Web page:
On Tuesday, November 2, METTLER TOLEDO held its 1st Symposium in Cambridge, MA, hosted by Novartis Institutes for BioMedical Research (NIBR). The success of the Symposium went beyond expectations: 65 scientists representing a large variety of small companies (CoNCERT, Cubist, Tetraphase), larger companies (Pfizer, Dow, Amgen), and research institutions (Massachusetts Institute of Technology) attended the event. The main themes of the Symposium were crystallization and process safety. Des O’Grady and I started by giving an overview of the technologies later covered by the industry speakers: Focused Beam Reflectance Measurement (FBRM®), Particle Video Microscope (PVM®), EasyMax™, RC1, and ReactIR™.
Mark Barrett from the Solid State Pharmaceutical Cluster in Ireland presented a calibration-free approach to supersaturation control using a combination of EasyMax™ and ReactIR™ as a strategy used for the development and scale-up of crystallization processes. He also illustrated how FBRM® and PVM® are used to characterize particle size and shape in situ to ensure batch-to-batch repeatability and minimize downstream processing times during filtration drying and formulation. Mark had to leave early to attend the 9th International Conference and Exhibition Polymorphism & Crystallization organized by Scientific Update the following day in Florida, USA.
Jay Larrow from Novartis Institutes for BioMedical Research (NIBR) gave an interesting perspective on how to approach process safety in a discovery environment where scale-up means minimal changes to the initial synthetic route, fast sample delivery of clinical candidates, and a 20L glass jacketed vessel. Jay uses preliminary reaction heat flow assessment in EasyMax™ to estimate ΔTad at the 2-L scale, as well as differential scanning calorimetry for thermal stability. There is little doubt that many small and medium scale pharmaceutical companies in the Boston area could benefit from this pragmatic, time efficient approach to early-on safety assessment.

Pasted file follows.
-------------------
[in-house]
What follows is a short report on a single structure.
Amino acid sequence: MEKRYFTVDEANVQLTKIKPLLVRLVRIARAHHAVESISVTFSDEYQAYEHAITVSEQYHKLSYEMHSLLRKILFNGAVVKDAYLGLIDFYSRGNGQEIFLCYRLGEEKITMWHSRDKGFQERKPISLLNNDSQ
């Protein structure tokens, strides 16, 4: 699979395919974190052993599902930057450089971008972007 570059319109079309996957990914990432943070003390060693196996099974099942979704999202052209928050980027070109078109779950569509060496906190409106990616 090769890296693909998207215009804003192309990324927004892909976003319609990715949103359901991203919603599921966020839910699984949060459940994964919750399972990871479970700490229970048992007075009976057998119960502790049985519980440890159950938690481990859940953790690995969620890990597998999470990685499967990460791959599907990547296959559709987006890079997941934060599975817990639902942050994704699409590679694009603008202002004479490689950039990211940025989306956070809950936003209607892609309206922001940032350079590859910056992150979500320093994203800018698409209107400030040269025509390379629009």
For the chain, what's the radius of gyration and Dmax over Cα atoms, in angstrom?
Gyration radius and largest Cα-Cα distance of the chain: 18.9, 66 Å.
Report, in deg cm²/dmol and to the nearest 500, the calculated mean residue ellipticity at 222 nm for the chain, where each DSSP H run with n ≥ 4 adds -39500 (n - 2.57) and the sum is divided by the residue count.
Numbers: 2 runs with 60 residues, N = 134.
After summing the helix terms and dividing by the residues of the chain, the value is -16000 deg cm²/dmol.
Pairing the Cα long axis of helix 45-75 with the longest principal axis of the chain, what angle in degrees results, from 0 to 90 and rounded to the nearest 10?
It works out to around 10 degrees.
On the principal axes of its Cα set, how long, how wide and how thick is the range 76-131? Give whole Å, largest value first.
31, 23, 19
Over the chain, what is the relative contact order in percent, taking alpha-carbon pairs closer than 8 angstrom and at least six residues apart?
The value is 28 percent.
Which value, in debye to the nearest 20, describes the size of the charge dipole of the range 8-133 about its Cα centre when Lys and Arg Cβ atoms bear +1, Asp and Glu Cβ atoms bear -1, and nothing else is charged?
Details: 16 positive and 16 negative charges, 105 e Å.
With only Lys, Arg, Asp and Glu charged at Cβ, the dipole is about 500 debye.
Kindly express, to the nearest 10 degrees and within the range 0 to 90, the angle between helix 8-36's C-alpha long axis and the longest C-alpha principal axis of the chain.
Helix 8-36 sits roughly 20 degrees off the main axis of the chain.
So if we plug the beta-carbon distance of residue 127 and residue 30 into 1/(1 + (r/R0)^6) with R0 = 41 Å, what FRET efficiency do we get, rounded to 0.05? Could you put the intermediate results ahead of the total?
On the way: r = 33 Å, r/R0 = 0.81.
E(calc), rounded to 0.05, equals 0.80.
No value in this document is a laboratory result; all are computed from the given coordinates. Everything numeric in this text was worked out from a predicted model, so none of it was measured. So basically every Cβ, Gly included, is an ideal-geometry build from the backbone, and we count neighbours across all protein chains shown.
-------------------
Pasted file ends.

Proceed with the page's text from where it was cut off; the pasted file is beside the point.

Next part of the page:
After Jay’s presentation, I gave an overview of simple and practical applications of reaction progress kinetic analysis in early process research and development using modern software technologies – such as iC Kinetics™. A few case studies demonstrated how simple continuous monitoring technologies (gas uptake, calorimetry) and more sophisticated ones (e.g. ATR-FTIR) combined with graphical reaction progress analysis can help troubleshoot chemical processes, better understand catalyst stability, and optimize chemical transformation more rapidly and more effectively. The chemical reactions used were among those typically used to build complex molecules: e.g. cross-coupling, and hydrogenation reactions.
Finally, Steve Stefanick, Research Fellow and Head of the Process Safety lab at Janssen Pharmaceutical Companies of Johnson & Johnson, gave us a broad perspective on how process safety is handled in a large pharmaceutical company. Steve’s deep interest and years of experience could be seen through the many anecdotes and case studies, as well as the internet resources he provided:
Steve is a long term contributor to the process safety field. His presentations at our past International Process Development Conferences (IPDC) and online seminars can be watched on the AutoChem Community website or can be found on our webinar library.
Two refreshment breaks in the afternoon and a get-together evening networking event in a local restaurant gave participants plenty of time to cultivate the sense of community the scientists in the region are known for. Kudos to Kara Cournoyer from NIBR and Zoe Fernandez (METTLER TOLEDO) for such a great organization, and many thanks to Novartis – and Jay Larrow in particular – for allowing us to use NIBR auditorium.